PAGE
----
Nofilmschool_akitv8_charles_haine-7LED light also illuminates your drag and counterbalance settings.

The quick-release system is designed to be used with any 75mm or 100mm ball (depending on the ball type you get with your head; the 6 and 8 are 75mm sized, the 10 is set for 100mm ball heads) tripod. However, it's clear that the system was designed to integrate most closely with the Flowtech legs.

You can spread Flowtech legs to fully horizontal, and since there is a flat tie-down on the bottom of the Aktiv head, put the head basically on the ground, saving yourself buying a low-hat provided you are in a space that has room for the splayed legs. 

Nofilmschool_akitv8_charles_haine-1290° straight down, very useful for slider work.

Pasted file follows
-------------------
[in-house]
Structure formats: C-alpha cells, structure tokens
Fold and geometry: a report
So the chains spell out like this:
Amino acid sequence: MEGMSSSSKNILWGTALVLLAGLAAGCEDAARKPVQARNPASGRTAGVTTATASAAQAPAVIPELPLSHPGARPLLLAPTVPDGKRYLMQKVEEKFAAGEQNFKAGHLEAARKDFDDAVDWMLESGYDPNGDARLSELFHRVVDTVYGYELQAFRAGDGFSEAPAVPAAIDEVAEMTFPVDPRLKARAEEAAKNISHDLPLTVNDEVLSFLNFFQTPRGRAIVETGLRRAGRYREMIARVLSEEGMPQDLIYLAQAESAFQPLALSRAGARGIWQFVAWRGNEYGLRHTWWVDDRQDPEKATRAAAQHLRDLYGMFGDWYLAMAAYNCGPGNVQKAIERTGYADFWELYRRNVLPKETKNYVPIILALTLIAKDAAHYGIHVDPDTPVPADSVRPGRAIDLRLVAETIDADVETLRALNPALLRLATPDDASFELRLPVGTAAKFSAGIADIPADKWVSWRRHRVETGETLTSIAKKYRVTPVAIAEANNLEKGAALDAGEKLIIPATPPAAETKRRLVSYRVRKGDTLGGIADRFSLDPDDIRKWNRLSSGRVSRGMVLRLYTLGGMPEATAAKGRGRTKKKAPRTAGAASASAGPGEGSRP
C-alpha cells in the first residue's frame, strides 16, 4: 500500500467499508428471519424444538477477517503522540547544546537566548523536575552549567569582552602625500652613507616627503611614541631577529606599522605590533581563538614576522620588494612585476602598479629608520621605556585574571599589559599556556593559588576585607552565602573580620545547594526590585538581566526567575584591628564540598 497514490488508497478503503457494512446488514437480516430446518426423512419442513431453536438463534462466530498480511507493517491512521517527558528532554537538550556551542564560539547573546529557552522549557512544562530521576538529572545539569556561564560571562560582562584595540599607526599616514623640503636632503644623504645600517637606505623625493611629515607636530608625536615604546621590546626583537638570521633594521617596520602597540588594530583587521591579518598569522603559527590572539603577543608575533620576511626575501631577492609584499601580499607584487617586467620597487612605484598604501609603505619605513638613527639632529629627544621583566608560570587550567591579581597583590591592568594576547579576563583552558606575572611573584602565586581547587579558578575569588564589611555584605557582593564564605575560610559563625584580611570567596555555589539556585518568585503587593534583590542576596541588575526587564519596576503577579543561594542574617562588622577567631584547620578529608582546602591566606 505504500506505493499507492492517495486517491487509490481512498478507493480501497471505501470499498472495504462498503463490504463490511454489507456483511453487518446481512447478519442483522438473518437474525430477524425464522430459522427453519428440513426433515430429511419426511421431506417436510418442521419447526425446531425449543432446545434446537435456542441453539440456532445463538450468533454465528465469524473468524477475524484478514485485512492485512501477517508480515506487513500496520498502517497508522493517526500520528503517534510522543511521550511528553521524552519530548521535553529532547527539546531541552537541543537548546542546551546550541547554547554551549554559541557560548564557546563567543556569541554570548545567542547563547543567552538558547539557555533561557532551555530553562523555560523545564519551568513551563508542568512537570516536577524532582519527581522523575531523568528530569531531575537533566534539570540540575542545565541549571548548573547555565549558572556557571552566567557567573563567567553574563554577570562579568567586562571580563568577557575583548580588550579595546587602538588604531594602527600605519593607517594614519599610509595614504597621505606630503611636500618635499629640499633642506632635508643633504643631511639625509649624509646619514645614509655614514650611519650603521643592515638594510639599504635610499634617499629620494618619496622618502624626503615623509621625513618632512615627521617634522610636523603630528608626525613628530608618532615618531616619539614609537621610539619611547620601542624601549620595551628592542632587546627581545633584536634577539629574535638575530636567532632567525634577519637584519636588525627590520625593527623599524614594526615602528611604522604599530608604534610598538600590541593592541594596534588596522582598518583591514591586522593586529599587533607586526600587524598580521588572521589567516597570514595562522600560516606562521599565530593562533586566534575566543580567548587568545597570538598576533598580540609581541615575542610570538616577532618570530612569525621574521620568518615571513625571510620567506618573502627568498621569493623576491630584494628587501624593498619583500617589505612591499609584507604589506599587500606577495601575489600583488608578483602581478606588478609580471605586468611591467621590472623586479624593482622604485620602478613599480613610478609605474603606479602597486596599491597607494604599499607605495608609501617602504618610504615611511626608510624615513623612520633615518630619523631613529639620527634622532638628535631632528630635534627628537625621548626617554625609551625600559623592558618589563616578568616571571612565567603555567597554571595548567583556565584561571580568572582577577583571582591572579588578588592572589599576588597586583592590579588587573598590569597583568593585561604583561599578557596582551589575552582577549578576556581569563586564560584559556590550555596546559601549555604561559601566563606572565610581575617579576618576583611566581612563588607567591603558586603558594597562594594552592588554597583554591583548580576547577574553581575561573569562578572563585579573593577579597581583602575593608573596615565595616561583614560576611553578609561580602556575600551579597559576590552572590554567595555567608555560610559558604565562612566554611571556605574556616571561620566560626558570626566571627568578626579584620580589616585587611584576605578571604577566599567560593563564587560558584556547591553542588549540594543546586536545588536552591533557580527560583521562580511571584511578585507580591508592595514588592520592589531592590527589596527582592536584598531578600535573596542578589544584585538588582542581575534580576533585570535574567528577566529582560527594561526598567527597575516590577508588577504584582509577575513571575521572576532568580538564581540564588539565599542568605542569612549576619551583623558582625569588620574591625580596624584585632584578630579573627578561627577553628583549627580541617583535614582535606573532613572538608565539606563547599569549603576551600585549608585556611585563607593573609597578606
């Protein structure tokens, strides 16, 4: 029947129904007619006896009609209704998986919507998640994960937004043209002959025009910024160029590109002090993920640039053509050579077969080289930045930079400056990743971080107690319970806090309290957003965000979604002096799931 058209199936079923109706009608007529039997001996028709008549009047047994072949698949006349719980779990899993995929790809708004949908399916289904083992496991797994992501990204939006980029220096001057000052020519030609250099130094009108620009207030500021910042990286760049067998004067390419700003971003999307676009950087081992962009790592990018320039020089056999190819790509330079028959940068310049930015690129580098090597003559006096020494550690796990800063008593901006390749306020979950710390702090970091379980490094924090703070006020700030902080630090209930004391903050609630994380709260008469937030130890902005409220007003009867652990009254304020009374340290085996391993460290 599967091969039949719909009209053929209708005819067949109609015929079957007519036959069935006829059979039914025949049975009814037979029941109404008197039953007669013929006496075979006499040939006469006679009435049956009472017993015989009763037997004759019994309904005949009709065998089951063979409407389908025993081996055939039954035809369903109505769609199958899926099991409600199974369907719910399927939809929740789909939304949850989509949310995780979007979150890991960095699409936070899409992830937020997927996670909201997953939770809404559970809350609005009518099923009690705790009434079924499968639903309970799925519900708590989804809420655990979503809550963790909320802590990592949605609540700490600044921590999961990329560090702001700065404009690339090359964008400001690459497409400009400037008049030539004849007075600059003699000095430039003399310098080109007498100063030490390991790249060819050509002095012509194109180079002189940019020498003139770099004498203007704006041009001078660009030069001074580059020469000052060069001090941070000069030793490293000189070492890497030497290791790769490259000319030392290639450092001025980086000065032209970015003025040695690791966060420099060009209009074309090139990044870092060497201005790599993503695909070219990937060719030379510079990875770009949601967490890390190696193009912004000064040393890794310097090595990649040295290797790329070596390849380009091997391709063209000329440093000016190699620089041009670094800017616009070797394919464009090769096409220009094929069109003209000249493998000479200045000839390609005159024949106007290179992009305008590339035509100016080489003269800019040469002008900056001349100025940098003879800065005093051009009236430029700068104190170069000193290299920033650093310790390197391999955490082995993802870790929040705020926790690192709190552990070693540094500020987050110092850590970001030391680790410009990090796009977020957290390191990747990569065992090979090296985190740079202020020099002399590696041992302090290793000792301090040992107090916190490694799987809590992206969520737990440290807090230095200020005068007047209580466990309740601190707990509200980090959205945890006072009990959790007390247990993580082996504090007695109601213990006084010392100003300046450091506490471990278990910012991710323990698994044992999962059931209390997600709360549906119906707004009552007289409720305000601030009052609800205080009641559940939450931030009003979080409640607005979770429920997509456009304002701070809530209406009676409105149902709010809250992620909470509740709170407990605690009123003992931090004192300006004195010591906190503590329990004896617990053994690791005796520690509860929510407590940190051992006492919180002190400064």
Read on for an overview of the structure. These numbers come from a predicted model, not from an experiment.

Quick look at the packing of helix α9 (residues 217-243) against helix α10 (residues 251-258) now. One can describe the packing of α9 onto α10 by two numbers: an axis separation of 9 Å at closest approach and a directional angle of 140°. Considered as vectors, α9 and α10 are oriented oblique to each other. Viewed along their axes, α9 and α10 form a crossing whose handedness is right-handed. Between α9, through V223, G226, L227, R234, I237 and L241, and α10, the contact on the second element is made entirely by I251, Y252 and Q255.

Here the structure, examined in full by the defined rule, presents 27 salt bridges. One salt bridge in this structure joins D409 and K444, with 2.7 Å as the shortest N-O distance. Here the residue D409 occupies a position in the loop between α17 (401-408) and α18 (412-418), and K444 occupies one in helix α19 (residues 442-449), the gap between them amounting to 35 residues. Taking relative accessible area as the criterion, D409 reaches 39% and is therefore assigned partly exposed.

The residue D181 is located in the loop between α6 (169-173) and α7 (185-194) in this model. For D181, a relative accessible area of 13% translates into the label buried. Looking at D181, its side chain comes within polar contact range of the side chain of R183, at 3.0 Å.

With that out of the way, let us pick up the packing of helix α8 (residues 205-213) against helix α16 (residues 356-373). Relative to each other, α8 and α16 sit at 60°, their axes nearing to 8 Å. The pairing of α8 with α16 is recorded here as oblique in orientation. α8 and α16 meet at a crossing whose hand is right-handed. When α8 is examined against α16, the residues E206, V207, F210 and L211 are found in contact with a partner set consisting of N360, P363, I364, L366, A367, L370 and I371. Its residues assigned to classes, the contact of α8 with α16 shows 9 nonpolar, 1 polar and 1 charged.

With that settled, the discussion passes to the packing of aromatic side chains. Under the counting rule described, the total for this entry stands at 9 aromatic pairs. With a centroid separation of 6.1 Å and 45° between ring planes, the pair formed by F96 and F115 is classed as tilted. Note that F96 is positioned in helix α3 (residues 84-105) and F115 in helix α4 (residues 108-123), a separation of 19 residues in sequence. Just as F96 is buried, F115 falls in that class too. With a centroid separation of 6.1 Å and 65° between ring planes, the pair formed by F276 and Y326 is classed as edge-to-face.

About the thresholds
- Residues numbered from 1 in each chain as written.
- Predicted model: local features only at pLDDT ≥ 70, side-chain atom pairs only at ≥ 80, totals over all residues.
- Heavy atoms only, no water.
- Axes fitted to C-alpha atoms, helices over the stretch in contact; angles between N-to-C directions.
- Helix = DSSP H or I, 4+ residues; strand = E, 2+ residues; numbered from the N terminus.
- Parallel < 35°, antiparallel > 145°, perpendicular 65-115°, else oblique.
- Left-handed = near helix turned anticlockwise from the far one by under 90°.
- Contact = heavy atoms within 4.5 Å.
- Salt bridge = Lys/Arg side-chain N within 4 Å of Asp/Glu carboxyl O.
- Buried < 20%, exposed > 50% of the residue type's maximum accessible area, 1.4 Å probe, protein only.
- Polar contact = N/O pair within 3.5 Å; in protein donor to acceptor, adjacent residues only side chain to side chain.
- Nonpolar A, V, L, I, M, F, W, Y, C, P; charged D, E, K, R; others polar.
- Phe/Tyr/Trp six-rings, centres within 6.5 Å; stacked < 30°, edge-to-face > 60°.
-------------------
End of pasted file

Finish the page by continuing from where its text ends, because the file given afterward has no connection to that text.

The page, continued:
There are really just very, very few downsides to this tripod. You can point fully 90° down forward, but only about 80° straight up because of the interference from the counterbalance knob. This is something that will likely never be a problem on set (I've done countless shots where I need 90° down, especially on sliders, but I can't remember if I've ever needed 90° up), but it's there.  The counterbalance knob is remove-able to change the battery that powers the LED for the tripod bubble, and if you really need 90° up for a shot you could probably take off the counterbalance knob to get it.

How does it perform as a fluid head? Unsurprisingly, quite well.